A Year in the Life: Ambient Math Wins the Race to the Top!
For one year, 365 days, this blog will address the Common Core Standards from the perspective of creating an alternate, ambient learning environment for math. Ambient is defined as “existing or present on all sides, an all-encompassing atmosphere.”
And ambient music is defined as: “Quiet and relaxing with melodies that repeat many times. Why ambient? A math teaching style that’s whole and all encompassing, with themes that repeat many times through the years, is most likely to be effective and successful. Today’s post features the Jewish harvest holiday of Sukkot.
Sukkot is a wonderful way to begin the Grade 3 year! When I taught a Waldorf Grade 3 in Michigan, I had a class Dad help us build a lashed, open-walled structure with tree branches and a thatch-ready roof. We kept the walls open and thatched the roof with willowy, leafy tree branches, then enjoyed a traditional harvest meal in our sukkah. Here are several excerpts re Sukkot from Tori Avery’s blog.
“Temporary structures known as “sukkah” can range in size from small (just large enough for two people) to enormous. A sukkah is constructed with three or four walls and a roof known as a “schach” made from natural organic materials. It must be at least three feet tall, and you must be able to see the sky through the roof—if you can’t, the sukkah is not considered “kosher.” Traditionally, Jewish families decorate the sukkah with a variety of decorations including homemade ornaments, paintings, and streamers. Often decorations are inspired by harvest foods and the seven species of Israel mentioned in Deuteronomy: grapes, figs, pomegranates, olives, dates, wheat and barley.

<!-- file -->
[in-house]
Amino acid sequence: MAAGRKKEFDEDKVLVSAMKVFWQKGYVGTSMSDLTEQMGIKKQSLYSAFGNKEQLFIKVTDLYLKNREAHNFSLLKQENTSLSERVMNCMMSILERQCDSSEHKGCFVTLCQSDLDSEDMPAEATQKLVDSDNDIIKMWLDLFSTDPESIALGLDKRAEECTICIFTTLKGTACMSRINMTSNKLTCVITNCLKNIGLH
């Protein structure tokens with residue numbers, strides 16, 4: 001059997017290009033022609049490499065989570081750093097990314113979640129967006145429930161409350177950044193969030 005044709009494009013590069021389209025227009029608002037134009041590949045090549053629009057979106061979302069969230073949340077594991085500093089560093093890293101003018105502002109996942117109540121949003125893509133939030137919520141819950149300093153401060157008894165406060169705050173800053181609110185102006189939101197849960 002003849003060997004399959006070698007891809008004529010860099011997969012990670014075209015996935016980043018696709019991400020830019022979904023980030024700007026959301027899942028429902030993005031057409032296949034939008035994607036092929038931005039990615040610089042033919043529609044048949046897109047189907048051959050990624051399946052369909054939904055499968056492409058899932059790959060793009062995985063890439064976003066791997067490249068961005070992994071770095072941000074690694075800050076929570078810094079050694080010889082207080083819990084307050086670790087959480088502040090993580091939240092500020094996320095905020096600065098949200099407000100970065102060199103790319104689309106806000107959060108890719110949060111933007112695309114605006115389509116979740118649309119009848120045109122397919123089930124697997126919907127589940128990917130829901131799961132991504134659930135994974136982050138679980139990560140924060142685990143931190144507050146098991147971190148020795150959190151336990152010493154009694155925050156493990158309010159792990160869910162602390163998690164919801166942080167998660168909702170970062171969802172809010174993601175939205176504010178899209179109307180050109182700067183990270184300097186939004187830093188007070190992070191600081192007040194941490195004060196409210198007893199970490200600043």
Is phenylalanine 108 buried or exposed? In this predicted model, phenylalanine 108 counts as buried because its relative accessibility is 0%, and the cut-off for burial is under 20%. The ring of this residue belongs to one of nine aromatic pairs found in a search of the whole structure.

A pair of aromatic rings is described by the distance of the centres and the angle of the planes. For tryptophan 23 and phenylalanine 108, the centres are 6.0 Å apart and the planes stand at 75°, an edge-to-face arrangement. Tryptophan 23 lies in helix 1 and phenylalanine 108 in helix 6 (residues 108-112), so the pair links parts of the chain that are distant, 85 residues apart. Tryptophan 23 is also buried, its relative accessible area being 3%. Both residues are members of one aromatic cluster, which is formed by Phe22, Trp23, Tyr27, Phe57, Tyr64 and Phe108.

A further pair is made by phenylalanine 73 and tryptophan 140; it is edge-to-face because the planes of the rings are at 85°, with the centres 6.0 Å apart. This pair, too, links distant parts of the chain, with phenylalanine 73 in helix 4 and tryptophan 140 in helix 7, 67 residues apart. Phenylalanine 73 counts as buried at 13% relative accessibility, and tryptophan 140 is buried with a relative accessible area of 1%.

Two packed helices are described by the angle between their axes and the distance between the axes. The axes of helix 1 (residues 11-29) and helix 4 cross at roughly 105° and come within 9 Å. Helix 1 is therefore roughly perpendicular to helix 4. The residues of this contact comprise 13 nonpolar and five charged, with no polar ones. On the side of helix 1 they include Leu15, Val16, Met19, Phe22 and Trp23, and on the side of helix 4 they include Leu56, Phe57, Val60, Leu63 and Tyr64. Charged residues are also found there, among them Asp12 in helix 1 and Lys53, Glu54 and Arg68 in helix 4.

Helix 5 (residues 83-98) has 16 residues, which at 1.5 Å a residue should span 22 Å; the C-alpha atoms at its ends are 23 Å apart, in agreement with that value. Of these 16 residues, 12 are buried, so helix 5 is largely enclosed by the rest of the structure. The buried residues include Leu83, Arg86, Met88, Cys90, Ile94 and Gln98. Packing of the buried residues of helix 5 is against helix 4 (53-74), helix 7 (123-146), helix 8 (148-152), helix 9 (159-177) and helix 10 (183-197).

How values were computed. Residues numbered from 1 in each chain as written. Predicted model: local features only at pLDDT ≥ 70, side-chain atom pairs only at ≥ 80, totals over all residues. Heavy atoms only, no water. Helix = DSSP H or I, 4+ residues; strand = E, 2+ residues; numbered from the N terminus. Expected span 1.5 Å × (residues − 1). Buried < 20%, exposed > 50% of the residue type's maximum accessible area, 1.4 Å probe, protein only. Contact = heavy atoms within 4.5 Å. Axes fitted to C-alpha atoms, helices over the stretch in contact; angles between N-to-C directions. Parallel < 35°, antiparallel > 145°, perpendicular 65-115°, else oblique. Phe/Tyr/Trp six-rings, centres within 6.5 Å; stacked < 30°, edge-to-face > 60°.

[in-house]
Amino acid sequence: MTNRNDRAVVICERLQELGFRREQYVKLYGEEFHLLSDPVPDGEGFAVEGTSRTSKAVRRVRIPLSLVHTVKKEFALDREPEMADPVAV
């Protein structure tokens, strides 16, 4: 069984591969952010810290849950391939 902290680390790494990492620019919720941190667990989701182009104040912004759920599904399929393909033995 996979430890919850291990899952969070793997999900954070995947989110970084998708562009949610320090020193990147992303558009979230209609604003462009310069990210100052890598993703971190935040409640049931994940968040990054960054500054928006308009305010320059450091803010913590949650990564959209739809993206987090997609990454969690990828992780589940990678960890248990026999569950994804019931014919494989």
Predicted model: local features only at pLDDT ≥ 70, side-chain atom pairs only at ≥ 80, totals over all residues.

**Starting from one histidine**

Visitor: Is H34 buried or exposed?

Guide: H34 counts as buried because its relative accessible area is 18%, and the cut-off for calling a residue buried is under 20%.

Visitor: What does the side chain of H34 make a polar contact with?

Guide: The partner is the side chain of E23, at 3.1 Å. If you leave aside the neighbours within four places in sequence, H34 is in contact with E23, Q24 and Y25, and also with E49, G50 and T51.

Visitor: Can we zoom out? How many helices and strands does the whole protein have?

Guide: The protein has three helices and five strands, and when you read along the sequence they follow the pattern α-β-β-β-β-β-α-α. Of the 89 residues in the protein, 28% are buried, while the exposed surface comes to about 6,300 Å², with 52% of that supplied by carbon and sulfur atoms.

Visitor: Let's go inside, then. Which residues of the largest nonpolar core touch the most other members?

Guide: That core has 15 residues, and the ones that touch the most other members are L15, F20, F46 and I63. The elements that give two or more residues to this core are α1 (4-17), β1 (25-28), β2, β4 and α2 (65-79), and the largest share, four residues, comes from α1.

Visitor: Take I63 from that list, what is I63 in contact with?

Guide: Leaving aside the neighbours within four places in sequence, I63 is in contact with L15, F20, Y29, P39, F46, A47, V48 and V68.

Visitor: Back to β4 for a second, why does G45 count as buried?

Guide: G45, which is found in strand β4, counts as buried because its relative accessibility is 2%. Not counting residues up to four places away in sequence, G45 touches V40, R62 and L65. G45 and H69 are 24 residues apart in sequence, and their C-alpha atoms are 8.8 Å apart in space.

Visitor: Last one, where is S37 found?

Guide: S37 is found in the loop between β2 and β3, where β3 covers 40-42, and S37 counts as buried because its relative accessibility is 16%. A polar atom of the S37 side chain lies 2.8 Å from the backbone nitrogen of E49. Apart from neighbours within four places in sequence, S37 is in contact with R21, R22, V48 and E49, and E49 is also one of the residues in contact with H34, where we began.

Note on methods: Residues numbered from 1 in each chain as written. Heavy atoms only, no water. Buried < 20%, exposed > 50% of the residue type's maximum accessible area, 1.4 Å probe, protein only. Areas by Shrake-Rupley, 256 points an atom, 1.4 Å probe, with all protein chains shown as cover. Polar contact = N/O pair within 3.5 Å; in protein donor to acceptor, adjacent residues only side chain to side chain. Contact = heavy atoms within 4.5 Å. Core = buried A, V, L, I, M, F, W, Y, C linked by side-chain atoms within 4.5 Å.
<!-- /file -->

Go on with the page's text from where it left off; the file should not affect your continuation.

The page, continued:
Sukkot is a harvest holiday, which means that the foods served are seasonal in nature. The Sukkot menu generally features vegetables and fruits that are harvested at the turn of the season—apples, squash, eggplants, grapes, etc. As a food lover, this holiday is one of my favorites because we are encouraged to create dishes from fresh and delicious seasonal ingredients. The arrival of Sukkot ushers in the autumn season; Sukkot foods are inspired by the bounty of the harvest.”
Since the Old Testament, gardening, and housebuilding are all included, this is a perfect fit with the Grade 3 curriculum! The comfort and satisfaction my third graders felt was palpable as they helped build and then enjoyed their “harvest house.” See below for a quick and easy sukkah, built with recycled lathe and large, metal can lids. This dome sukkah, from Volecipede, is partially thatched and quite spacious inside.
Above all, help your third graders build a home on this earth, and all else will fall quite beautifully into place. Remember as always, that knowledge ensues in an environment dedicated to imaginative, creative knowing, where student and teacher alike surrender to the ensuing of knowledge as a worthy goal. Tune in tomorrow for more Grade 3 fun!